On The AshesMartin Chandler |
Author: Haigh, Gideon
Publisher: Allen & Unwin
Rating: 4 stars
The Ashes is one of the greatest events in sport, and its history is one of its strengths. The novelist LP Hartley famously wrote that the past is a foreign country. That observation is as relevant to the Ashes as it is to anything else, but in the case of cricket’s most enduring contest the scene of past battles is always a welcoming destination.
There are guide books aplenty, most of the game’s greatest historians having turned their attention to the Ashes at some point, either generally or in relation to specific series. The most famous contests, those of 1932/33, 54/55 and 2005, all inspired a bibliography that reached double figures.
That the popularity of the tour account has declined with the increasing availability of visual records does not surprise me, but it is still a source of great disappointment that no Ashes series has been properly chronicled since that of 2013/14. The man responsible for that one was Gideon Haigh, as he was for a number of other accounts of Ashes series starting with that of 1994/95.
That no publisher has been prepared to publish Haigh, or indeed anyone else, on the 2015, 2017/18, 2019 and 2021/22 series is a crying shame, and the absence of books on those them will, I have no doubt, be a source of frustration for cricket lovers in decades to come.
I hope there may yet be a Haigh account of this summer’s Ashes, but if not the great man has at least produced the next best thing, a satisfying and substantial preview looking back through his own oeuvre in order to produce a guide to the Ashes. On the Ashes is a timely reminder of how good a writer Haigh is, and also how thrilling the contest is.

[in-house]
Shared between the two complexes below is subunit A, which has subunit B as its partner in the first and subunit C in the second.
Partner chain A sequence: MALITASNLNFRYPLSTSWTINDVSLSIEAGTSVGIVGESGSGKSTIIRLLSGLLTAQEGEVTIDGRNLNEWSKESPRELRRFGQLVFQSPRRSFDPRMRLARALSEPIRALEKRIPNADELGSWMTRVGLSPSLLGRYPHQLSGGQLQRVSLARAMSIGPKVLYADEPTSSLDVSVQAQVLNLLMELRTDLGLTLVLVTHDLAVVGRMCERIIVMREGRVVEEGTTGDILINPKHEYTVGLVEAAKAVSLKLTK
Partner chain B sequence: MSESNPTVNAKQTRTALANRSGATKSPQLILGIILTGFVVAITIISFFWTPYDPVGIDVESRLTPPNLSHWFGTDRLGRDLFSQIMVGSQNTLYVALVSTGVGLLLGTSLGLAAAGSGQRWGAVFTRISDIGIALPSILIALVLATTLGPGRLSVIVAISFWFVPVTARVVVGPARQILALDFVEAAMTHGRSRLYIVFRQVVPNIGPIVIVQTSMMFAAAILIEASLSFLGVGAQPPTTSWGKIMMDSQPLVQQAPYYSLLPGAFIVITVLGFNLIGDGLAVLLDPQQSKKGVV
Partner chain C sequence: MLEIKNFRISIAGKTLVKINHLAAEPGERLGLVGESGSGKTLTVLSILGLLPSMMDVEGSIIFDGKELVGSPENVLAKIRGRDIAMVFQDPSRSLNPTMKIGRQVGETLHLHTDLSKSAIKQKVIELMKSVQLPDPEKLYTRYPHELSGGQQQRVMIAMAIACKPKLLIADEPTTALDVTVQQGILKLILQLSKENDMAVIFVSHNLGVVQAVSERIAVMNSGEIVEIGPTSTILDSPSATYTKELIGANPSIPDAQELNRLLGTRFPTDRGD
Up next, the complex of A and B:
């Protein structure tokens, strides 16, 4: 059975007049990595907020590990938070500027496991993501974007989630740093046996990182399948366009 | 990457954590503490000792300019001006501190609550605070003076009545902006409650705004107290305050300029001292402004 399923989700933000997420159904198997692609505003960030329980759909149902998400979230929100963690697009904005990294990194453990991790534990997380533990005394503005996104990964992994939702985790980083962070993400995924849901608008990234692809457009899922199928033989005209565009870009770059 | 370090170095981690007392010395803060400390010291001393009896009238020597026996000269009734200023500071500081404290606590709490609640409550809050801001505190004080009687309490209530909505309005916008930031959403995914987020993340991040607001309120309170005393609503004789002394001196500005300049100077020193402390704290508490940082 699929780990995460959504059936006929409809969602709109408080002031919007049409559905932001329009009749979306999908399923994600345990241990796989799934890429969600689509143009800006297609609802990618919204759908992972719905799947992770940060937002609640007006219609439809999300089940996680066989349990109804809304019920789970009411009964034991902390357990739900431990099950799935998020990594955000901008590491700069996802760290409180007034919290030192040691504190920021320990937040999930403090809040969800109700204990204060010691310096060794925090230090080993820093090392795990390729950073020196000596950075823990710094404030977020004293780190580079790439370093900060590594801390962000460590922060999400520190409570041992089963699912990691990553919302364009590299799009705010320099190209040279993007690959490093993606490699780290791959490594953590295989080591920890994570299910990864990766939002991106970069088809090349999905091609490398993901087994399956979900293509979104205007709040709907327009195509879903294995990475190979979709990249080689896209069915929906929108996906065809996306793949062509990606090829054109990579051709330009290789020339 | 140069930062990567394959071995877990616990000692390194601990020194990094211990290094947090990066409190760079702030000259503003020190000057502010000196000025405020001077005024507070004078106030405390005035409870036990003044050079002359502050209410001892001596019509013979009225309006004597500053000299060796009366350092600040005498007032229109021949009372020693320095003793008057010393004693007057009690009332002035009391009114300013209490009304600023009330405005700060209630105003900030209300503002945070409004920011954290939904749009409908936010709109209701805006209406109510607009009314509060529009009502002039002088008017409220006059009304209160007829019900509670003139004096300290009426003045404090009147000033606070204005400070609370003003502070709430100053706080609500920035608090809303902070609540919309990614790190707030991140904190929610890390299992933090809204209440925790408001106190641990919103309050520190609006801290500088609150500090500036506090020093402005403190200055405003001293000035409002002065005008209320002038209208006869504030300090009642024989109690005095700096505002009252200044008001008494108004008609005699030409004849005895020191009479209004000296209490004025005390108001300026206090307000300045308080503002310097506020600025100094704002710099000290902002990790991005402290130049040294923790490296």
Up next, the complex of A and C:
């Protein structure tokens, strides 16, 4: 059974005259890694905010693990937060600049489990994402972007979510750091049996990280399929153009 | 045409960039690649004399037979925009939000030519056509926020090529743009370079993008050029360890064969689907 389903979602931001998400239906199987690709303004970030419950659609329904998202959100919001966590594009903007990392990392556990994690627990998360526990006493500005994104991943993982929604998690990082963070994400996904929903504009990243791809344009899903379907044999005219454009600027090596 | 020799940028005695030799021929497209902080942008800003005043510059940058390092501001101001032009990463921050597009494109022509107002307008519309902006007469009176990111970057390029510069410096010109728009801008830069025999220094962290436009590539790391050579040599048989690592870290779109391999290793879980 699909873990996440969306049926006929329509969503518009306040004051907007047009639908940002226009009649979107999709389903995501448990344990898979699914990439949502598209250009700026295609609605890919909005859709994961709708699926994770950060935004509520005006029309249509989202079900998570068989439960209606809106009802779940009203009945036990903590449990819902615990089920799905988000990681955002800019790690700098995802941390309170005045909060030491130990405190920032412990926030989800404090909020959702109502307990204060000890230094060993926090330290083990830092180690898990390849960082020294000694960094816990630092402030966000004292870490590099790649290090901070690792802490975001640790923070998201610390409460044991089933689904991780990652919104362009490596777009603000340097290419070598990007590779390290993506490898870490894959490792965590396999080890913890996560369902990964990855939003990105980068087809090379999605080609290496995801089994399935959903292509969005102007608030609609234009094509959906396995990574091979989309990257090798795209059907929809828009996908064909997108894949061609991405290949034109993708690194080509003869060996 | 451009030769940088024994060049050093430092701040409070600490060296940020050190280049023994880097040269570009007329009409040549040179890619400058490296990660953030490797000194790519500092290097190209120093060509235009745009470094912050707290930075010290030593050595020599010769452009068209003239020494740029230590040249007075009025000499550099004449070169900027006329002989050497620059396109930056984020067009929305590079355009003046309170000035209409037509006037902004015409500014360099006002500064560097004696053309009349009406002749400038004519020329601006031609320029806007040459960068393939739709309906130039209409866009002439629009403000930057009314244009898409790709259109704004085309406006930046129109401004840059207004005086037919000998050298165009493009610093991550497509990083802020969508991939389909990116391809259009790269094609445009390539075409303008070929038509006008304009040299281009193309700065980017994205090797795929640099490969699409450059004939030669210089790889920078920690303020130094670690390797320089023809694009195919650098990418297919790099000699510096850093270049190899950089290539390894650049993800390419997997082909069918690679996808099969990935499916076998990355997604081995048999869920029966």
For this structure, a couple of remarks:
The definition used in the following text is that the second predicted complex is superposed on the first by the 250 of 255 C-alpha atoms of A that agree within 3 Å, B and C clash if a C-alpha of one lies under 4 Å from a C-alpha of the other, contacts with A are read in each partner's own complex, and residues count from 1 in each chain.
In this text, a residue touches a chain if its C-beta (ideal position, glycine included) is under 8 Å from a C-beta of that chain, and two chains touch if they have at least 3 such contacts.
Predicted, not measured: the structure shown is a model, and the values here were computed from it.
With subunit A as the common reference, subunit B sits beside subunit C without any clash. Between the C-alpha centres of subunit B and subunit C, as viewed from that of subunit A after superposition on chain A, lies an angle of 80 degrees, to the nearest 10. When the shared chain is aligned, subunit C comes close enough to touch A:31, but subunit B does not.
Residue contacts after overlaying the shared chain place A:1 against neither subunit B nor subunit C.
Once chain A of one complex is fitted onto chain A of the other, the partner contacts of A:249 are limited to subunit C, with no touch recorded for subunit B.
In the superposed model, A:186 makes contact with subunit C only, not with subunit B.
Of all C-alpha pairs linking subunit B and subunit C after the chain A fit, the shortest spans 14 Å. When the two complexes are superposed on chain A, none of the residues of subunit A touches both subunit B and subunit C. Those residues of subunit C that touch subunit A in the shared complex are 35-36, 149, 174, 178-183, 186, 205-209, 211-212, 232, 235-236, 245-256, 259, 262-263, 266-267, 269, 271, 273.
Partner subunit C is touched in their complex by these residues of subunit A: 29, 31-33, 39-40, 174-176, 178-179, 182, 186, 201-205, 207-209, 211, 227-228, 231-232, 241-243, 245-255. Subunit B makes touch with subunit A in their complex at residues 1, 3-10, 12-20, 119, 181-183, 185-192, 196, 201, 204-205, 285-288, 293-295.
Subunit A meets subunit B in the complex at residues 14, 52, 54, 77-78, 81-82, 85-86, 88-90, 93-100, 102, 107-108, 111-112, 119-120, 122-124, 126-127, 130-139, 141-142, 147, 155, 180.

Most, and possibly all, of these pieces have appeared before, if not in print then on the internet. But that matters little as Haigh’s quality as a writer is such that even for those of us who have read a particular essay before it is no hardship to read it again, and there are always new nuances to be found.
In On The Ashes there are more than eighty separate ‘chapters’, helpfully arranged in chronological order. Some are book reviews, and there are a few that are tricky to categorise but, essentially, each focuses on an aspect of the, so far, 72 series that have taken place.
The length of the pieces vary from just a page or two up to around a dozen pages. The longest, entirely fittingly, deals with Victor Trumper, and more particularly Haigh’s book about the great man, Stroke of Genius: Victor Trumper and the Shot that Changed Cricket.
The very first chapter deals with Charles Bannerman, the man who made that remarkable 165 back in 1877 in the inaugural Test at the MCG, and On The Ashes ends with a couple of features on the rival captains in 2021/22, followed by a short preview looking forward to the series that is about to start.
Most of the pieces concern specific men, matches or incidents and are written in the style that Haigh does so well, looking at a single piece of Ashes history from a variety of perspectives. It is an invidious task to even try to single out specifics, but perhaps I can express surprise at the absence of Haigh’s thoughts on two men. The first is mystery spinner Jack Iverson, England’s nightmare in 1950/51 and the subject of an excellent Haigh biography and, of rather more recent vintage, Scott Boland.
The nature of this sort of anthology is that it can be read for a few minutes at a time, or for much longer depending on the reader’s mood. It can be read from beginning to end or, more likely, its reader can flick through and stop at whatever point the header takes his or her fancy. Whichever way it is approached it is a mesmerising read and one which, I have no doubt, is going to snare casual readers and turn them into cricket lovers, and with nary a white ball in sight.
Back in the day we had some guidelines for review ratings, one of which I am sure I recall was that no anthology should be awarded more than four stars. As the Ashes is cricket’s greatest tradition I feel I should honour that tenet and therefore do so, but that doesn’t alter the fact that On The Ashes is most definitely chock full of five star writing.